Introduction: the boundary of our nation can be measured only by the sun: cosmopolitanism and humanity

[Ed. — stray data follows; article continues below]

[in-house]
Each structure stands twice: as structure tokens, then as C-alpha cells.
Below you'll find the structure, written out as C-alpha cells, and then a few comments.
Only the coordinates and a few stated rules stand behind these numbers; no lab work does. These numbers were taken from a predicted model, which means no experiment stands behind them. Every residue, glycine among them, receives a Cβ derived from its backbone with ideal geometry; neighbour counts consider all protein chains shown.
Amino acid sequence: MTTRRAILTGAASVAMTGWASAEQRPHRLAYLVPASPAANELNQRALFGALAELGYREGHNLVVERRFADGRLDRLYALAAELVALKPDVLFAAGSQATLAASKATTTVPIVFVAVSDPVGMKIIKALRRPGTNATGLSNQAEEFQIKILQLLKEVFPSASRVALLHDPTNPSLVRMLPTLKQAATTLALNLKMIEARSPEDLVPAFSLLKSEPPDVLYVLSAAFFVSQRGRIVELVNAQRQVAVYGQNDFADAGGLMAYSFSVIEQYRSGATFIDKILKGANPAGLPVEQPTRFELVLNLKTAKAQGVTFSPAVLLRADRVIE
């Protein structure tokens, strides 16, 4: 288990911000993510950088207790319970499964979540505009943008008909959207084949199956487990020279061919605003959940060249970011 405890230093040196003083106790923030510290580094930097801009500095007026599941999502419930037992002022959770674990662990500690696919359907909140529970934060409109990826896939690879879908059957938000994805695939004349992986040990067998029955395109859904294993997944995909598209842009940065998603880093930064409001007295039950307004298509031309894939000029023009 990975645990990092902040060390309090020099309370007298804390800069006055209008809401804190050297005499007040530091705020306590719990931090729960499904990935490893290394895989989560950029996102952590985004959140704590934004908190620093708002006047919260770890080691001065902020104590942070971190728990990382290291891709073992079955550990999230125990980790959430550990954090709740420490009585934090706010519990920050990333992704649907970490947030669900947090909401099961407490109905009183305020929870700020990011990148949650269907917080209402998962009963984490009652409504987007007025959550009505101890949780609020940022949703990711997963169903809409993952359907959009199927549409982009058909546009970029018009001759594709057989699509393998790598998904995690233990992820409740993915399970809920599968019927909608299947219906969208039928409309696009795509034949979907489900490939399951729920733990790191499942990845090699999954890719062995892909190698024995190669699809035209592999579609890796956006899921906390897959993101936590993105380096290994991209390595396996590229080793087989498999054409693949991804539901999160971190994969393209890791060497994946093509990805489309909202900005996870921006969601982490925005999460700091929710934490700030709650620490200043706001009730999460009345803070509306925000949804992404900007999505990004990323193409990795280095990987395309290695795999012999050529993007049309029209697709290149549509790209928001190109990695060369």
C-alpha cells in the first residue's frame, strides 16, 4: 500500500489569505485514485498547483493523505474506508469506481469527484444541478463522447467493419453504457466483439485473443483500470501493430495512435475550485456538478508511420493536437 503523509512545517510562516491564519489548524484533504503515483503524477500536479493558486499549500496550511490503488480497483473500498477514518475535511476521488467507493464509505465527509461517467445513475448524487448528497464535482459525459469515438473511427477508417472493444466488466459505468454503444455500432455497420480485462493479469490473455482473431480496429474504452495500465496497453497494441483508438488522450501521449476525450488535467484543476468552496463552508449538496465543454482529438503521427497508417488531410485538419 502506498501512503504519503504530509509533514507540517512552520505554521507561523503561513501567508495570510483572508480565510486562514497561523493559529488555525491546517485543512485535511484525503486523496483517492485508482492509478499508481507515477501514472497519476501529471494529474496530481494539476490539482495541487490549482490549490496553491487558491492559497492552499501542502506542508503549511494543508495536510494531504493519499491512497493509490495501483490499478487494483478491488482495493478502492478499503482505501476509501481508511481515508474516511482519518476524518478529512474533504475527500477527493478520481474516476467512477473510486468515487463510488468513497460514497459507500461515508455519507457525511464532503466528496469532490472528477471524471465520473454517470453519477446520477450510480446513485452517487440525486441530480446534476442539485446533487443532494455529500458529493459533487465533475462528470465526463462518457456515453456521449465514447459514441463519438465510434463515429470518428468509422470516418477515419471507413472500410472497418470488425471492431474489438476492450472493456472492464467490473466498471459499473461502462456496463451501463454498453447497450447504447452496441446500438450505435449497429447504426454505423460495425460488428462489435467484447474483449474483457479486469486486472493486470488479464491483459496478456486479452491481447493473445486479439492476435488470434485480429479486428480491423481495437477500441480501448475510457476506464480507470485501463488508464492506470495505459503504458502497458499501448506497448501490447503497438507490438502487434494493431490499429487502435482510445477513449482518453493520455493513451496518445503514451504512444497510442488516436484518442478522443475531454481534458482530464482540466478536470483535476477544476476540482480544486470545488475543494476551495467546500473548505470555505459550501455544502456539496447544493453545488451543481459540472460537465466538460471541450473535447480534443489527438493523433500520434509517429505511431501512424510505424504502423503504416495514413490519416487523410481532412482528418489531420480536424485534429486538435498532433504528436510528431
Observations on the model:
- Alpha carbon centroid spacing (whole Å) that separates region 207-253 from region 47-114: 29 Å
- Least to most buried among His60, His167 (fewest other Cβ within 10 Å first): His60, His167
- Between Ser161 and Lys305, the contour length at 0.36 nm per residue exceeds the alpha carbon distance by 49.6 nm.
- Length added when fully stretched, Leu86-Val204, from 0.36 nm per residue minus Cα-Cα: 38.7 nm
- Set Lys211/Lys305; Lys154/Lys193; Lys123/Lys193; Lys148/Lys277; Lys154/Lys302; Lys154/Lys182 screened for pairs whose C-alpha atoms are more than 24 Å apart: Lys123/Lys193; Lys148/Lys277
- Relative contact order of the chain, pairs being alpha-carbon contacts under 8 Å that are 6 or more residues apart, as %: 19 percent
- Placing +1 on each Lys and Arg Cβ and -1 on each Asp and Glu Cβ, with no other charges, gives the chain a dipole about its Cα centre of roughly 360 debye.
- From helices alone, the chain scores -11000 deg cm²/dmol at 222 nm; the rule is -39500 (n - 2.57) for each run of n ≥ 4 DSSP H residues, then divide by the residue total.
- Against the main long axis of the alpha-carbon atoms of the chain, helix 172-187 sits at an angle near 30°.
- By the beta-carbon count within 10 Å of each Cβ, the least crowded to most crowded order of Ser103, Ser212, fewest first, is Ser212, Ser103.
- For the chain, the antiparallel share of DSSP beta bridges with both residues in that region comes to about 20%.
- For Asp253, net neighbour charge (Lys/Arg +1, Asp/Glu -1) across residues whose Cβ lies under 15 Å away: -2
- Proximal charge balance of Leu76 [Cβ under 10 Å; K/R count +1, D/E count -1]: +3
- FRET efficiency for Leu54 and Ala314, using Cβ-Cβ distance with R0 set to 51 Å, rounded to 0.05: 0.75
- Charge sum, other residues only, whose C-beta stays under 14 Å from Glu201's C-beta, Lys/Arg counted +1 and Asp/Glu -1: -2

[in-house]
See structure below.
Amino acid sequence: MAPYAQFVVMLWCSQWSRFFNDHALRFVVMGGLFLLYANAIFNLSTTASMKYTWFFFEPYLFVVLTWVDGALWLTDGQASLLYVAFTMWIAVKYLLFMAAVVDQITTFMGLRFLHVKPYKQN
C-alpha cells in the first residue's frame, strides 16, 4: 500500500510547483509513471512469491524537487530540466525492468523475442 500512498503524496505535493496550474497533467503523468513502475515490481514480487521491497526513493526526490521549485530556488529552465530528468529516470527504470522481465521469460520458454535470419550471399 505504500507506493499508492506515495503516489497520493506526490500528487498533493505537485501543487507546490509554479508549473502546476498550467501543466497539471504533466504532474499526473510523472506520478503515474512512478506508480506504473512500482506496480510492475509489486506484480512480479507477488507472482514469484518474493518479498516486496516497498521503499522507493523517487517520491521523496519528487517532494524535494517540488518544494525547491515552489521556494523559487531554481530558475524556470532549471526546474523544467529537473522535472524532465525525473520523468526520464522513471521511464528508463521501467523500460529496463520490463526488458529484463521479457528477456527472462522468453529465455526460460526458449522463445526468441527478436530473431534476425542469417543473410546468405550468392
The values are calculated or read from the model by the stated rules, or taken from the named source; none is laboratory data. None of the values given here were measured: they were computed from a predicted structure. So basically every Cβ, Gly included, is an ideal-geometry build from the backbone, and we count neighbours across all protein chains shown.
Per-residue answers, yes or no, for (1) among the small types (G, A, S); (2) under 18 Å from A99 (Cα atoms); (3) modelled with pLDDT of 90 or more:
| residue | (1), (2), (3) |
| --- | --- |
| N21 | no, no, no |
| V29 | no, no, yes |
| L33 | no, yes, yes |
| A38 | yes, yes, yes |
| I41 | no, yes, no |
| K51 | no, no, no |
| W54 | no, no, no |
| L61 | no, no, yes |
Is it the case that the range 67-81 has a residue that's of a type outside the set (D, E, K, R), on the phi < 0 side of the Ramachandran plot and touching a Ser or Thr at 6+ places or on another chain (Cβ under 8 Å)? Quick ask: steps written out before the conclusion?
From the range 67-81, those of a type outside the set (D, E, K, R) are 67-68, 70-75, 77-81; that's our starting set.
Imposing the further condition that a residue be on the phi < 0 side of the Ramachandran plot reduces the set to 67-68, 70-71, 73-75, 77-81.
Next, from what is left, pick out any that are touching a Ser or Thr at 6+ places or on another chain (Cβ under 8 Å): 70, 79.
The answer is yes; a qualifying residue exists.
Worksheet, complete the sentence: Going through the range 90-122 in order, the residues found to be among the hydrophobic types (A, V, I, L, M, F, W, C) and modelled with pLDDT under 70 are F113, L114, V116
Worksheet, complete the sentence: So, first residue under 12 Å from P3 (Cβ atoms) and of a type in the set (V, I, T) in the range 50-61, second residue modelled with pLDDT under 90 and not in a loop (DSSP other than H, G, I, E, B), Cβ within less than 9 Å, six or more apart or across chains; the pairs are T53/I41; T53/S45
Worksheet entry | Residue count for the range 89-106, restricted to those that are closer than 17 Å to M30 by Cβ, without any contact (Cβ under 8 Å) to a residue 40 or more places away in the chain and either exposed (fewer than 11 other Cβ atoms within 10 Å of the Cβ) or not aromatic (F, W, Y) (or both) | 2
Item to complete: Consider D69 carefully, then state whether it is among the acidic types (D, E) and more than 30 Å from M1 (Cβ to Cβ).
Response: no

OURS IS an age of globalization in which our nation is not only the country in which we are born, grow up, and live, but also the entire earth itself; in which “each of us dwells, in effect, in two communities — the local community of our birth, and the community of human argument and aspiration that ‘is truly great and truly common, in which we look neither to this corner nor to that, but measure the boundaries of our nation by the sun’” (Nussbaum, 1997, 6). It is one in which, in Kant’s words, “The peoples of the earth has thus entered in varying degrees into a universal community, and it has developed to the point where a violation of rights in one part of the earth is felt all over it [the earth]” (Kant, 1972, 142). Ours is an age in which concepts such as basic human rights and crimes against humanity are among those that express most characteristically the spirit of the time. In short, ours is an age of cosmopolitanism. The ideal of cosmopolitanism is that the time will dawn when “the first form of moral affiliation for the citizen should be her affiliation with rational humanity” (Nussbaum,1997, 5); an important legal norm on the earth is the norm of humanity. Cosmopolitanism affirms the Kantian motto: out of the crooked timber of humanity, nothing straight can be built. It rekindles the light of the Confucian ideal of Tian Xia Gui Ren (天下歸仁)—that is, the world will be united by the norm of humanity.
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